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High Court set to rule on legalising gay marriages

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Members of the National Gay and Lesbian Human Rights Commission (NGLHRC) are on the edge of their seats as they await a high court’s ruling that could make history in Kenya. Over 70 countries are yet to decriminalise same sex marriages, half of which are African.

The charity has put in great efforts to see that sexual minorities in Kenya get their rights and the case can be decided either way. Even though it has been previously said that Kenya is not ready for such changes, we may have to brace ourselves to accept the changes if the court rules in favor of the sexual minorities.

The entire African continent is following the case closely as it is seen as the gate pass to other African countries legalizing gay marriages too. According to members of the charity, the case is seen as an opportunity for them to continue championing for the same in African countries to avoid persecution and discrimination of sexual minorities.

“People across the continent are watching the Kenyan case very closely,” said Anthony Oluoch from Pan Africa ILGA, a global charity advocating for the rights of sexual minorities. “There are laws in many African countries that criminalize same-sex relationships, so if we get a positive ruling in Kenya it will give hope to the continent.”

If NGLHRC wins the case, Kenya will become the second country to legalize gay sex in Africa after South Africa. The court case however is on the amendment of one section of the constitution which does not just cover on gay sex but prohibits any sexual activity that is against the order of nature. In simple terms the law prohibits the forms of sexual activity many regard as foreplay which has been illegal all this time.

Having fought a number of cases of abuse against sexual minorities, the charity could turn out victorious in the case whose ruling is scheduled for Friday.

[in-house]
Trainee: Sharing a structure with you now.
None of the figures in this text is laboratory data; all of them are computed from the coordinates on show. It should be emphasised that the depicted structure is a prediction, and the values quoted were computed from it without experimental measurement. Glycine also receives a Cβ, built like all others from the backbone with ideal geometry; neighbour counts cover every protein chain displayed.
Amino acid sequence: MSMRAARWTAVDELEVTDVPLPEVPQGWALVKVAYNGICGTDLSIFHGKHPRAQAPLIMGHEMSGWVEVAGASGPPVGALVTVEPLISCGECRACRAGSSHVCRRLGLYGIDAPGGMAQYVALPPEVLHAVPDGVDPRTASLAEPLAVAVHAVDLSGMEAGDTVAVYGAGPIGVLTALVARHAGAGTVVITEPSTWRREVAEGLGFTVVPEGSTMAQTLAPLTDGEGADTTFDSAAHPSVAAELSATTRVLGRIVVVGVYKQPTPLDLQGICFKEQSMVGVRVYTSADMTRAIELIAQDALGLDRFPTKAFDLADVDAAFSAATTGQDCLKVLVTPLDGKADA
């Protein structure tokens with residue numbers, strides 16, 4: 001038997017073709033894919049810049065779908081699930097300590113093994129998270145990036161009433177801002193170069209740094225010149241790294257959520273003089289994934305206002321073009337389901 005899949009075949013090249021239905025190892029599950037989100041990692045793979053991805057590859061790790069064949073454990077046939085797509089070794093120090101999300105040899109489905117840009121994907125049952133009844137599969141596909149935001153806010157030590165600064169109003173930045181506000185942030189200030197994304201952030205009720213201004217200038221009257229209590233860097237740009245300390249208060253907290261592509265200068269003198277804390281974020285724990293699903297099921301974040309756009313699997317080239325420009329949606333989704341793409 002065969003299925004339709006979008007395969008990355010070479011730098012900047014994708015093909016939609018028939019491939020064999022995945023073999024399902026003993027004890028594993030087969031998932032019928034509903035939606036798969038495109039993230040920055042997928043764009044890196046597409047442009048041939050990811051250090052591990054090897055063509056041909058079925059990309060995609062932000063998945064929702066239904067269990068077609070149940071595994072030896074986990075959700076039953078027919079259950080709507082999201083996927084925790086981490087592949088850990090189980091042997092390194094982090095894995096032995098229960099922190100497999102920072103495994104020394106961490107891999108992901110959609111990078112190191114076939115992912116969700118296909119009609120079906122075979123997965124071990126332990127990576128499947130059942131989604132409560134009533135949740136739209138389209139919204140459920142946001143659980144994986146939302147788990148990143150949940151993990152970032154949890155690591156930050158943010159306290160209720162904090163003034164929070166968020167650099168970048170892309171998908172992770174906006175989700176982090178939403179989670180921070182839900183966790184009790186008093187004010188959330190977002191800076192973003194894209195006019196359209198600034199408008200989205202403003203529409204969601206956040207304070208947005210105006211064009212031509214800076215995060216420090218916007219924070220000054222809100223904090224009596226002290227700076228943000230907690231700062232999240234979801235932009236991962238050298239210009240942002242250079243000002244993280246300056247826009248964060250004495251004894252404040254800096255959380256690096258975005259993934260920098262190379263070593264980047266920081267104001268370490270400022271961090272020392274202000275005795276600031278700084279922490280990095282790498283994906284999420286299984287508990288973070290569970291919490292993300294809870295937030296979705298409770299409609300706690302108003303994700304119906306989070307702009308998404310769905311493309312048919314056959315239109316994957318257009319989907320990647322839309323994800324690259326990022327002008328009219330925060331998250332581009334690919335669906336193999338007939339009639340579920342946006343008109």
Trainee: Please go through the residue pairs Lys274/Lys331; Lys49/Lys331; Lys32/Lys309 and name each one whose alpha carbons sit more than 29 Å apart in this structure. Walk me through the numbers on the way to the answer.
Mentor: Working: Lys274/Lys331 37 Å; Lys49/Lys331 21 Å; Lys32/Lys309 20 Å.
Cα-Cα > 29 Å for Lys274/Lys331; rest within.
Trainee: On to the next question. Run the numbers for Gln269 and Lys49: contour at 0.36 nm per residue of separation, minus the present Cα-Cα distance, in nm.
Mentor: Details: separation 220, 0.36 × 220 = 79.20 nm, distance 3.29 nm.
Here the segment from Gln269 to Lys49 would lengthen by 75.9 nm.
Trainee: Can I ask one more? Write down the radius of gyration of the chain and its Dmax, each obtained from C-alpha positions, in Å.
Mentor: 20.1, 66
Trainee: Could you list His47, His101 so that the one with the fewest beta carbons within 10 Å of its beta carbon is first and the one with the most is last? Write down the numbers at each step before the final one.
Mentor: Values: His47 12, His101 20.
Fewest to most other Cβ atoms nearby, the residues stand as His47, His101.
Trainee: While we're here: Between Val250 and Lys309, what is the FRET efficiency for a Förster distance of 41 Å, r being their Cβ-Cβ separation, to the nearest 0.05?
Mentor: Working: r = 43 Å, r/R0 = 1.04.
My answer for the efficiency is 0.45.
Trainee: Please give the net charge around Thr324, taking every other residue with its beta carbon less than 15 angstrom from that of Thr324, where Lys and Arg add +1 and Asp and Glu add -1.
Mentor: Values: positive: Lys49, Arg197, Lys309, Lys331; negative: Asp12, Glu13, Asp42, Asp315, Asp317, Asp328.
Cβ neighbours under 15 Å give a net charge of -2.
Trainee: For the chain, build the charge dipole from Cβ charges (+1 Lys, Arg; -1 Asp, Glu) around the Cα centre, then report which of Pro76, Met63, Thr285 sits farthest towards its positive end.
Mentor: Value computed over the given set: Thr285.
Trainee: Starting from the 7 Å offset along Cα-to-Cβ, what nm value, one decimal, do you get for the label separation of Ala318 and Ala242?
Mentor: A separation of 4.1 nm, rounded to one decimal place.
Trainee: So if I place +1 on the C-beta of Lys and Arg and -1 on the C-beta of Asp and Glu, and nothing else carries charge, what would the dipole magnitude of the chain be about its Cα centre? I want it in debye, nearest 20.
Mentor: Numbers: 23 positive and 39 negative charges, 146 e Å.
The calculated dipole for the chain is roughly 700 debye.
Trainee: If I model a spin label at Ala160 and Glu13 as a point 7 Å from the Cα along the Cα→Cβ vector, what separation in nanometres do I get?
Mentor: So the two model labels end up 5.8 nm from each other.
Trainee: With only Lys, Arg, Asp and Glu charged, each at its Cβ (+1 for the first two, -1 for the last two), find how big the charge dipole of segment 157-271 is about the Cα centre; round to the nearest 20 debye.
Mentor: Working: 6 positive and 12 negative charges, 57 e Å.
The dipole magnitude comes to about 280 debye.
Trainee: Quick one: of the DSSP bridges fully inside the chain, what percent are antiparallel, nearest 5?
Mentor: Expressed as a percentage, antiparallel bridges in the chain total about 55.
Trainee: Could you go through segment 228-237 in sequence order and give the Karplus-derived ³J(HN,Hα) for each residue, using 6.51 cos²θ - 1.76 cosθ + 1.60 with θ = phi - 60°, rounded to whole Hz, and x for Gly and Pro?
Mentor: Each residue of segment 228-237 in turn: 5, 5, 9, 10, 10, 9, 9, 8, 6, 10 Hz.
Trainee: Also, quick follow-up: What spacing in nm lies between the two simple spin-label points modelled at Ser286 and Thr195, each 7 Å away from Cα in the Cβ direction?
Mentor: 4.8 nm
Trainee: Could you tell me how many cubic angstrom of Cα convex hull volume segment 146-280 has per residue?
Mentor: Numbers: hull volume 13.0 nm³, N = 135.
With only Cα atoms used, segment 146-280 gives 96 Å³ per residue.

The world now seems to be home with the idea of people of the same gender marrying each other because the act has been considered natural. For a conservative country like Kenya though, it might be a shock to many if gay marriages will be legalized. If not being challenged by christian leaders, the sexual minorities are more likely to face wars from Kenyans who have been raised to despise these marriages.

Under sections of Kenya’s penal code, gay sex – or “carnal knowledge against the order of nature” – is punishable by up to 14 years in jail.

As the majority of the world is okay with gay marriages, it appears to be a violation of human rights when you jail someone for 14 years because of that. Well, those who are against homosexuality despise the gays and could easily deliver a punishment worse than the 14 year jail term if given the chance.

Read: Another hard blow to striking nurses

If the case is lost, you can bet the charities championing for human rights won’t  rest until the laws allow the sexual minorities to interact freely.

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Kevin Namunwa
Kevin Namunwahttp://www.businesstoday.co.ke
Kevin Namunwa is a senior reporter for Business Today. Email at [email protected].
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